Sugarman’s goal is to have the official records and gravestones updated, once the war casualty is officially recognized as Jewish.
I contacted Sugarman, who took on the project. He applied to the CWGC to ask that they declare Ornstein as officially Jewish, and put the proper religious symbol on his grave. Proving Ornstein’s Jewishness was a painstaking process. It required confirmation of Ornstein’s parents’ religions, their marriage records, census entries, even U.S. border crossing cards showing their mother took Morley, then a toddler, and his brother to visit a relative in Buffalo, New York.
None of that was enough to convince cemetery officials that Ornstein was indeed Jewish. We still haven’t located his parent’s graves, which would have shown they were both Jewish, and would have helped.
Perhaps what did the trick was a heartfelt letter from Ornstein’s old family friend Morley S. Wolfe, who turned 92 on October 13, and who shares the same first name, although no relation.
The letter is reproduced below from the well-known Canadian lawyer, retired justice, and long time Jewish community volunteer and human rights worker.
In September 2020, Sugarman received this long-awaited email from a commemorative officer of the Commonwealth War Graves Commission, Maidenhead, England.
“Please be advised that the case for Flying Officer Morley Ornstein has now been accepted and the commission will now arrange for a new headstone to be engraved with the Star of David,” David Avery wrote.
“Please celebrate,” came the excited email to us from Sugarman with the news. “One more success!”
As for Wolfe, whose letter and advanced age convinced the CWGC to put Ornstein’s case on the fast track, this project was “a work of the heart”.
“Remembering Morley Ornstein, seeing his name on our High School memorial, and being able to assist in a noble endeavour, has been a work of love,” says Wolfe, from his home in Brampton, Ontario. Wolfe, like Ornstein, was also born in Winnipeg but was fours younger than his friend.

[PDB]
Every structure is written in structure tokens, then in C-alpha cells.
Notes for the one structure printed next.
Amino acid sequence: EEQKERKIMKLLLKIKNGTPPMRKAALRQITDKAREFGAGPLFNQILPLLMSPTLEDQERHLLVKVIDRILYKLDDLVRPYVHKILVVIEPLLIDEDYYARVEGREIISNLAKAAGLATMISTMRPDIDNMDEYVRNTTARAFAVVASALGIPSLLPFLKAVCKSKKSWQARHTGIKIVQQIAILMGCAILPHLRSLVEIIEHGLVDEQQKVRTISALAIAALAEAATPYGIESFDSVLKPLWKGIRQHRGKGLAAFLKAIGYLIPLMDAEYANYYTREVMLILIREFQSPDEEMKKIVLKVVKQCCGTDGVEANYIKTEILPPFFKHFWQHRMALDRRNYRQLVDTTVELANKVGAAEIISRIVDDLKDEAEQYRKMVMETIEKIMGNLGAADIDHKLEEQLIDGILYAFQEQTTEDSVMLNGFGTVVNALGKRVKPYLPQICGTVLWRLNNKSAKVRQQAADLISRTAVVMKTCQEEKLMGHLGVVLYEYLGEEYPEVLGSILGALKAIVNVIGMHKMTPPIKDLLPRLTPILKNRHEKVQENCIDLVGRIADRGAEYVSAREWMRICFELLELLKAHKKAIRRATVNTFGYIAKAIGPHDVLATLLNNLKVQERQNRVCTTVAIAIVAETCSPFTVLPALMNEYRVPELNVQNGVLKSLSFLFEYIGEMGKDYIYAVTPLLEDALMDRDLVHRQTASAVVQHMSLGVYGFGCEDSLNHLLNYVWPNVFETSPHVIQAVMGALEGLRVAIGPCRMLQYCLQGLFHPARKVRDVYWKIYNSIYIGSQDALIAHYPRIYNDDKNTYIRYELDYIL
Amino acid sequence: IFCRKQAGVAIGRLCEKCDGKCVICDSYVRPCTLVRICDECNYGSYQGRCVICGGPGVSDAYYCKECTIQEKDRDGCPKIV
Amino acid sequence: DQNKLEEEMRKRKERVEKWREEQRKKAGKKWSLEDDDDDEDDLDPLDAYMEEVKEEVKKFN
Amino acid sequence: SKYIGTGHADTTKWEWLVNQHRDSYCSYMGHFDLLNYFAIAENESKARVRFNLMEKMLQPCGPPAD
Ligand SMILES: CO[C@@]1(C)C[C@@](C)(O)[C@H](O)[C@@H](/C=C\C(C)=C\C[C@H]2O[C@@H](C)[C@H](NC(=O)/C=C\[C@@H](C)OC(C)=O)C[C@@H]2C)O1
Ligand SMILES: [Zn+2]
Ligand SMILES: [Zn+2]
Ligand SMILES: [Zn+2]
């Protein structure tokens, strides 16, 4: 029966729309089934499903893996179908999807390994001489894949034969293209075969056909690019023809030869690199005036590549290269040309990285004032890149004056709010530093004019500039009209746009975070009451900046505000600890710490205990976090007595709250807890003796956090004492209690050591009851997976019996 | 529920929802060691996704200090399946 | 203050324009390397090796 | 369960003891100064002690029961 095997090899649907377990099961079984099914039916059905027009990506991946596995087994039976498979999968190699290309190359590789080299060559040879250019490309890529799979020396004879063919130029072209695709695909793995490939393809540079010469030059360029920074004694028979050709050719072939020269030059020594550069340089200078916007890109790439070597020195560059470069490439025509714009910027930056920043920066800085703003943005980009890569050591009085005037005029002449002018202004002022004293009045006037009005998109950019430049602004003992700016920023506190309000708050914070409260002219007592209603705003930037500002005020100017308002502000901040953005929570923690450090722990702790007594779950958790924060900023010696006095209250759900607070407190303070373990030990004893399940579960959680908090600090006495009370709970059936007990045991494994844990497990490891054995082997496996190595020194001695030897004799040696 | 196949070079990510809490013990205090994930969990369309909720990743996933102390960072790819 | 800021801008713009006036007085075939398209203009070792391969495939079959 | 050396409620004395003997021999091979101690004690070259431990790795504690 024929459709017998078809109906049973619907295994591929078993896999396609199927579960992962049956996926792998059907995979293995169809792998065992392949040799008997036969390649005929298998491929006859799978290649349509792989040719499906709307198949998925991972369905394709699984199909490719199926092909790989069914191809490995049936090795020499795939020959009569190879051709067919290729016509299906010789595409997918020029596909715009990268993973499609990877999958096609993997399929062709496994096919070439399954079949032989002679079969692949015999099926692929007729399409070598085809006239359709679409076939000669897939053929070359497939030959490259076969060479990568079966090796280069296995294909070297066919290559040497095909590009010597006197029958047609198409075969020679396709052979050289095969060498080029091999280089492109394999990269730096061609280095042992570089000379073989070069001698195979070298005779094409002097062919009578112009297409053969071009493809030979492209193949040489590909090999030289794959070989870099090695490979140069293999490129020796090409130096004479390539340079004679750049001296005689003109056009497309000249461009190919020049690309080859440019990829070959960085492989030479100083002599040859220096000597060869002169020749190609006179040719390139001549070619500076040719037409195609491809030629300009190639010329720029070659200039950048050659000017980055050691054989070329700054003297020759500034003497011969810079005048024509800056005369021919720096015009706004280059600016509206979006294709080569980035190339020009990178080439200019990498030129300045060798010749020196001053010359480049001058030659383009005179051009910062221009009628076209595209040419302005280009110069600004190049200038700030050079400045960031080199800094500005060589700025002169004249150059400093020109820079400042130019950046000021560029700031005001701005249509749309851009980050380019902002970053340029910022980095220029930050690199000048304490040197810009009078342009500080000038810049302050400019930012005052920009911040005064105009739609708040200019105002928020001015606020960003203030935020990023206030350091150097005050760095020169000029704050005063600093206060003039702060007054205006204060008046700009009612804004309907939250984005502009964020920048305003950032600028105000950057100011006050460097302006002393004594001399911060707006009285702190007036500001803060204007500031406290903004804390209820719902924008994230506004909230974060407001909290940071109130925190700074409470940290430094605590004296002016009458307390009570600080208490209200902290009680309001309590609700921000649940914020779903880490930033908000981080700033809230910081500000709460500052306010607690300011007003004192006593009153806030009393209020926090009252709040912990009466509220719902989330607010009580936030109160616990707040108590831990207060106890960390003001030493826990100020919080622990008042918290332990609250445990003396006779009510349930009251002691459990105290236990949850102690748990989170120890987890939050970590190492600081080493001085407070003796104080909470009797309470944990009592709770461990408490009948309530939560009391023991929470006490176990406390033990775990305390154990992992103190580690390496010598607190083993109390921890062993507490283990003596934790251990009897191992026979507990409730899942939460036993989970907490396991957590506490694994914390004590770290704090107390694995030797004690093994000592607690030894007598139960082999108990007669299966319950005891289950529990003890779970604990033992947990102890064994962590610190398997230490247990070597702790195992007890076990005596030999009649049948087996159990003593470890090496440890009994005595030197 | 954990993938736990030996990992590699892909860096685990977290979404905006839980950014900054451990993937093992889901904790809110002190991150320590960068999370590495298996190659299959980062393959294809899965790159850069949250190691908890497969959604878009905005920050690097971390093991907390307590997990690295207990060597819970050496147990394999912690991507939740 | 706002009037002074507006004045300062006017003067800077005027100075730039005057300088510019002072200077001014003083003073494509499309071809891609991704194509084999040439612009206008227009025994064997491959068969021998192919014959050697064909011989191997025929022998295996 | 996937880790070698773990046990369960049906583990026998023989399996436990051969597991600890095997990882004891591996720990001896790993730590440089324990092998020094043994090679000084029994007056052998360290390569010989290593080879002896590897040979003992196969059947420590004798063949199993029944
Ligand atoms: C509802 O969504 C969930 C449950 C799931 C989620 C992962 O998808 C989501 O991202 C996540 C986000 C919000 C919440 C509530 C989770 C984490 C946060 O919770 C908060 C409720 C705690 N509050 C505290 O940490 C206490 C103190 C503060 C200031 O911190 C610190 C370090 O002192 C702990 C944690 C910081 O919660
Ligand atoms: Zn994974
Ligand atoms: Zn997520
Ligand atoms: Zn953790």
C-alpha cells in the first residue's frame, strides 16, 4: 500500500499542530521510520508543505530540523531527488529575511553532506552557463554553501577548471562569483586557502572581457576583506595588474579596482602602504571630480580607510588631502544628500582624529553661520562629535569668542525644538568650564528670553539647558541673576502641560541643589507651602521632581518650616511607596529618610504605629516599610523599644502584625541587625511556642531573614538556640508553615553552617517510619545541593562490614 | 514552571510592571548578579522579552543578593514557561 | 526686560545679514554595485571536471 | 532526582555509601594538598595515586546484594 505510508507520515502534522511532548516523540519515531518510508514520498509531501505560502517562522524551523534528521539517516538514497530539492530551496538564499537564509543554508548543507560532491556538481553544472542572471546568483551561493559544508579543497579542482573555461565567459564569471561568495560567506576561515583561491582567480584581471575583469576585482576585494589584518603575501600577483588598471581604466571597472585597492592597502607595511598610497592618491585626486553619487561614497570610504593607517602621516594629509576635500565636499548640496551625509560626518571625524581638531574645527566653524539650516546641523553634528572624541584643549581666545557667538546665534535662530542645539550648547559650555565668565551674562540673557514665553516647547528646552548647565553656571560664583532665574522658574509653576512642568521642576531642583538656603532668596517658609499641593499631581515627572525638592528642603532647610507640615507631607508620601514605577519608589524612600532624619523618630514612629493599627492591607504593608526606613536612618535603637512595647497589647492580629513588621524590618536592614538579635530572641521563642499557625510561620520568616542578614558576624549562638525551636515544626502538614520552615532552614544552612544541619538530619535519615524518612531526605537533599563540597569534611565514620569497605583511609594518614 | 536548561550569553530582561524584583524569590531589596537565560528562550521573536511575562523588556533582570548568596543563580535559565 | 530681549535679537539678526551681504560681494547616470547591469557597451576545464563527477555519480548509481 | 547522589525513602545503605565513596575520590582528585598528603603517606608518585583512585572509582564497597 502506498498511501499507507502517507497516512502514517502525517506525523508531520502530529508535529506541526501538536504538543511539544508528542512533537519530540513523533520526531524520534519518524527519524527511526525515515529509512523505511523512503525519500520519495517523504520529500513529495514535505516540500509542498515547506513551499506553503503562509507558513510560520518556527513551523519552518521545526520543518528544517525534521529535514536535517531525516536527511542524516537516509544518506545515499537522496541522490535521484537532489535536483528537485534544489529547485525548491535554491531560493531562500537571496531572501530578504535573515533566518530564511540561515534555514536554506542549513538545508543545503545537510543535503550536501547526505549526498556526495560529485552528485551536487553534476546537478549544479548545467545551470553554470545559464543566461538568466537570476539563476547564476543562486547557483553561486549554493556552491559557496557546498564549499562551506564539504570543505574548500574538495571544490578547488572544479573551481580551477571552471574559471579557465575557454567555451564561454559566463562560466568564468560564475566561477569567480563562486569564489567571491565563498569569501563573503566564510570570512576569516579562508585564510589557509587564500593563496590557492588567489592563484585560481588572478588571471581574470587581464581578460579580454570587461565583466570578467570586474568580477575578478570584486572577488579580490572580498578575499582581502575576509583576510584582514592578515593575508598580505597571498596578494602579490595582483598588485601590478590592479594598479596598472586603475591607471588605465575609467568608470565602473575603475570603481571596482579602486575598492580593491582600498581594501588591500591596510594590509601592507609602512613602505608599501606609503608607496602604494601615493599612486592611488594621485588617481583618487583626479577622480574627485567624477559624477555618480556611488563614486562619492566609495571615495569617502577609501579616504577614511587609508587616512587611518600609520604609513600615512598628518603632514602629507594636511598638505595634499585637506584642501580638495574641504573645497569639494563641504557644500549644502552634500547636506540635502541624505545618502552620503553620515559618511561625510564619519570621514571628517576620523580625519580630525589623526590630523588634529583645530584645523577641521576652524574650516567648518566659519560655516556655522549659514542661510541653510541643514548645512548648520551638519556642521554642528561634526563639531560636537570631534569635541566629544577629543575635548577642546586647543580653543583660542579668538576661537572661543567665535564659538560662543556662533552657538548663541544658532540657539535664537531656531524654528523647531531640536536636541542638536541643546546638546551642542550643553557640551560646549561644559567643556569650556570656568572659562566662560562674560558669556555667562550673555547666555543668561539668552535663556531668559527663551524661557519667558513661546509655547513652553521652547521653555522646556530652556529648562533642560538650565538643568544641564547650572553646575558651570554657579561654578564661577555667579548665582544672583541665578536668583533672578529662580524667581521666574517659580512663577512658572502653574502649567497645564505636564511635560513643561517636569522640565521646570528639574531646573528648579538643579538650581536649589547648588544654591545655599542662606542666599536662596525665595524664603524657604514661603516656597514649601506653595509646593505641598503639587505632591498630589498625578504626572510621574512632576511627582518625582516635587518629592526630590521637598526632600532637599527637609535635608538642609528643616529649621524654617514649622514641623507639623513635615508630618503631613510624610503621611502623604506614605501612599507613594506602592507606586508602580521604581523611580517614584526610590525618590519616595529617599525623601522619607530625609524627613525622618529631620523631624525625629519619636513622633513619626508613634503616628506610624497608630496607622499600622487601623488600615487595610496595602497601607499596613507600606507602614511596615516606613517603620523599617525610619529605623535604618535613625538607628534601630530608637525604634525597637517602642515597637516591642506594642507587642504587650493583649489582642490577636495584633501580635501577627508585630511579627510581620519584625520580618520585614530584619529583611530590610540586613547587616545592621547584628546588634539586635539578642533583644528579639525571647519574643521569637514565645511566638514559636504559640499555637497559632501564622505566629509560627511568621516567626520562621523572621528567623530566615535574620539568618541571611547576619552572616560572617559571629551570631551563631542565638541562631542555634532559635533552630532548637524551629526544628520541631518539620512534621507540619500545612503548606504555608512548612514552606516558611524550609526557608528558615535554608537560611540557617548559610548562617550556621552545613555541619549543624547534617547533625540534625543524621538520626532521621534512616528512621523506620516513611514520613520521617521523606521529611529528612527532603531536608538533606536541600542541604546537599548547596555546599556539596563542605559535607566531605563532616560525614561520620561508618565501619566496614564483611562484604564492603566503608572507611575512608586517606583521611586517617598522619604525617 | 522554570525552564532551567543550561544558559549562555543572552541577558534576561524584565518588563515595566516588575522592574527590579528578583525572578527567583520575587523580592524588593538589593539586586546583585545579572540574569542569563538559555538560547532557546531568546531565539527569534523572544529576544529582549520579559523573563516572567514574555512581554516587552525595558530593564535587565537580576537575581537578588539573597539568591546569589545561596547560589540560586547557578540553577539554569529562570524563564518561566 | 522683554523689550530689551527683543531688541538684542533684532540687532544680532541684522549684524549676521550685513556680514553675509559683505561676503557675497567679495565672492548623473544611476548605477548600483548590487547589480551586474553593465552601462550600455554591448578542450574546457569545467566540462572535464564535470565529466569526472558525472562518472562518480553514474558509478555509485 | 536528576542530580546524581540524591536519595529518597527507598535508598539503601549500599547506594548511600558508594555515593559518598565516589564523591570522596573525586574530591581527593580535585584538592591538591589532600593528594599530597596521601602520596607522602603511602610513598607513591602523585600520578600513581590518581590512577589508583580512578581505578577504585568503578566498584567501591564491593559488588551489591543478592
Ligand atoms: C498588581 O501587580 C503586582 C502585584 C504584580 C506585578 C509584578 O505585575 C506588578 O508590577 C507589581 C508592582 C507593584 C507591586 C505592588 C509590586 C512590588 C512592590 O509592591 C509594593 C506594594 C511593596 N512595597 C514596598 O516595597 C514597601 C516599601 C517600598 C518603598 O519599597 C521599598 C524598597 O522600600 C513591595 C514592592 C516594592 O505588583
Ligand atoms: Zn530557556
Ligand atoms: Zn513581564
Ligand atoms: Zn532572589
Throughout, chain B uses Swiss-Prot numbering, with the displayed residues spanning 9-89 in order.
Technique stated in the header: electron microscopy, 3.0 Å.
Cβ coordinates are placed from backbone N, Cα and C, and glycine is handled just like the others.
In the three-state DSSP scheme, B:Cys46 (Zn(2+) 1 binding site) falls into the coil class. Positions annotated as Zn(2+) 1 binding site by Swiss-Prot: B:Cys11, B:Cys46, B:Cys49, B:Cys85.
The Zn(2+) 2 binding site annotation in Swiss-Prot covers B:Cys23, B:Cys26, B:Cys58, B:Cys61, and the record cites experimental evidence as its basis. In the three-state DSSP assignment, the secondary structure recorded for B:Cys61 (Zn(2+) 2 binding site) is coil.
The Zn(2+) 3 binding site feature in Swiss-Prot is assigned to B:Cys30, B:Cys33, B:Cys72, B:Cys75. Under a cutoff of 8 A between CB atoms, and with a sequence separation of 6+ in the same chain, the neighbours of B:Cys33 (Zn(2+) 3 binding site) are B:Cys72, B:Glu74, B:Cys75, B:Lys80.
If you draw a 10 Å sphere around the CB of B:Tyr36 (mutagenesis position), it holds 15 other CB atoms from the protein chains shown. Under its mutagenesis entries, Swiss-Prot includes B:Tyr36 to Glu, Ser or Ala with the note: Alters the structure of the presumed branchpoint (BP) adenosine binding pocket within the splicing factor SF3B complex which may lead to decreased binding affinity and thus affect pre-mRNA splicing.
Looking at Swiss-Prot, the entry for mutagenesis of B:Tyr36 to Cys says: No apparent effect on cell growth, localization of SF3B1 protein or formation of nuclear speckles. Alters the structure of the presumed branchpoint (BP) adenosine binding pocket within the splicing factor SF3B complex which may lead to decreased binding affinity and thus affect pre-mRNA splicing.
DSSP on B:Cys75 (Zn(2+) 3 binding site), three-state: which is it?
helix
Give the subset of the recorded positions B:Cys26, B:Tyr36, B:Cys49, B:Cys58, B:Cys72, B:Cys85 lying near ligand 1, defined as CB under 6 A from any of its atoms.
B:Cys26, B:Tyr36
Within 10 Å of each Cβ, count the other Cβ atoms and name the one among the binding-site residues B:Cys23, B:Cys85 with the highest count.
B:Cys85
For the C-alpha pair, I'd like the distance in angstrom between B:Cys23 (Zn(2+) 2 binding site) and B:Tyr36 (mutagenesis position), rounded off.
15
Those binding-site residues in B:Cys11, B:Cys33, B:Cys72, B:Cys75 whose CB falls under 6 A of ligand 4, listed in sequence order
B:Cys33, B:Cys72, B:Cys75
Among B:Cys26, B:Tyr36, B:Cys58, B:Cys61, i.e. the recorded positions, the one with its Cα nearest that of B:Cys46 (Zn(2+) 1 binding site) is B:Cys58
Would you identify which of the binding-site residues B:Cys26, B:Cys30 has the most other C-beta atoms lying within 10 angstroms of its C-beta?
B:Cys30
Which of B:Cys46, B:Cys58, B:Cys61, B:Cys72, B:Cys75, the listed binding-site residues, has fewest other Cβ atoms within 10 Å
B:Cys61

The Commonwealth War Graves Commission has promised to send a photo of the new tombstone to us researchers when the project is completed, but due to the coronavirus it will not be quickly.
If anyone knows where Ornstein’s parents are buried, or the whereabouts of the descendants of his brother Robert, it would be helpful. We would love to share this important news with them.
Often bombers of the RAF’s #101 Squadron carried an extra person on board to operate the secret jamming device known as ABC, short for airborne countermeasures. Usually the operator was a German-Jewish airman or someone who could speak excellent German. Their job was to listen for Luftwaffe fighters’ radio communications, and send jamming signal noises down those frequencies. The #101 Squadron flew more missions than any other in Bomber Command. It also suffered the highest losses of any RAF group with 1,176 crew killed.
Source: 101 Squadron Royal Airforce Association
It isn’t difficult to understand why there are so many cases like Morley Ornstein’s. Sometimes the Allies placed a cross on the tombstone during or after the war, because paperwork was missing. Even if there was paperwork, the Jewish personnel had sometimes lied about their religion when they enlisted. Some of them did this in order to avoid being captured by the Nazis and killed for being Jews.
For similar reasons, other Jewish personnel changed their names when they enlisted. Canadian Lance Corporal Norman Middleton served with the Canadian Forestry Corps. (You can read about the so-called Sawdust Fusiliers here, on Bob Briggs‘ site). But Norman Middleton was actually born Leon Mendelson. He was from Fort William, Ontario (now Thunder Bay). He is buried in the Urray New Parish Churchyard cemetery in Scotland. His death certificate states that he died in August 1942 of a fractured skull due to an accident. Interestingly, his tombstone is designed in the shape of a tree that was cut too soon. This is a very common Jewish custom when someone dies at a young age. He was 33. Martin Sugarman was able to have the grave updated to reflect Mendelson’s true faith.
You can reach Martin Sugarman through me, should you have information on this or other unsolved cases.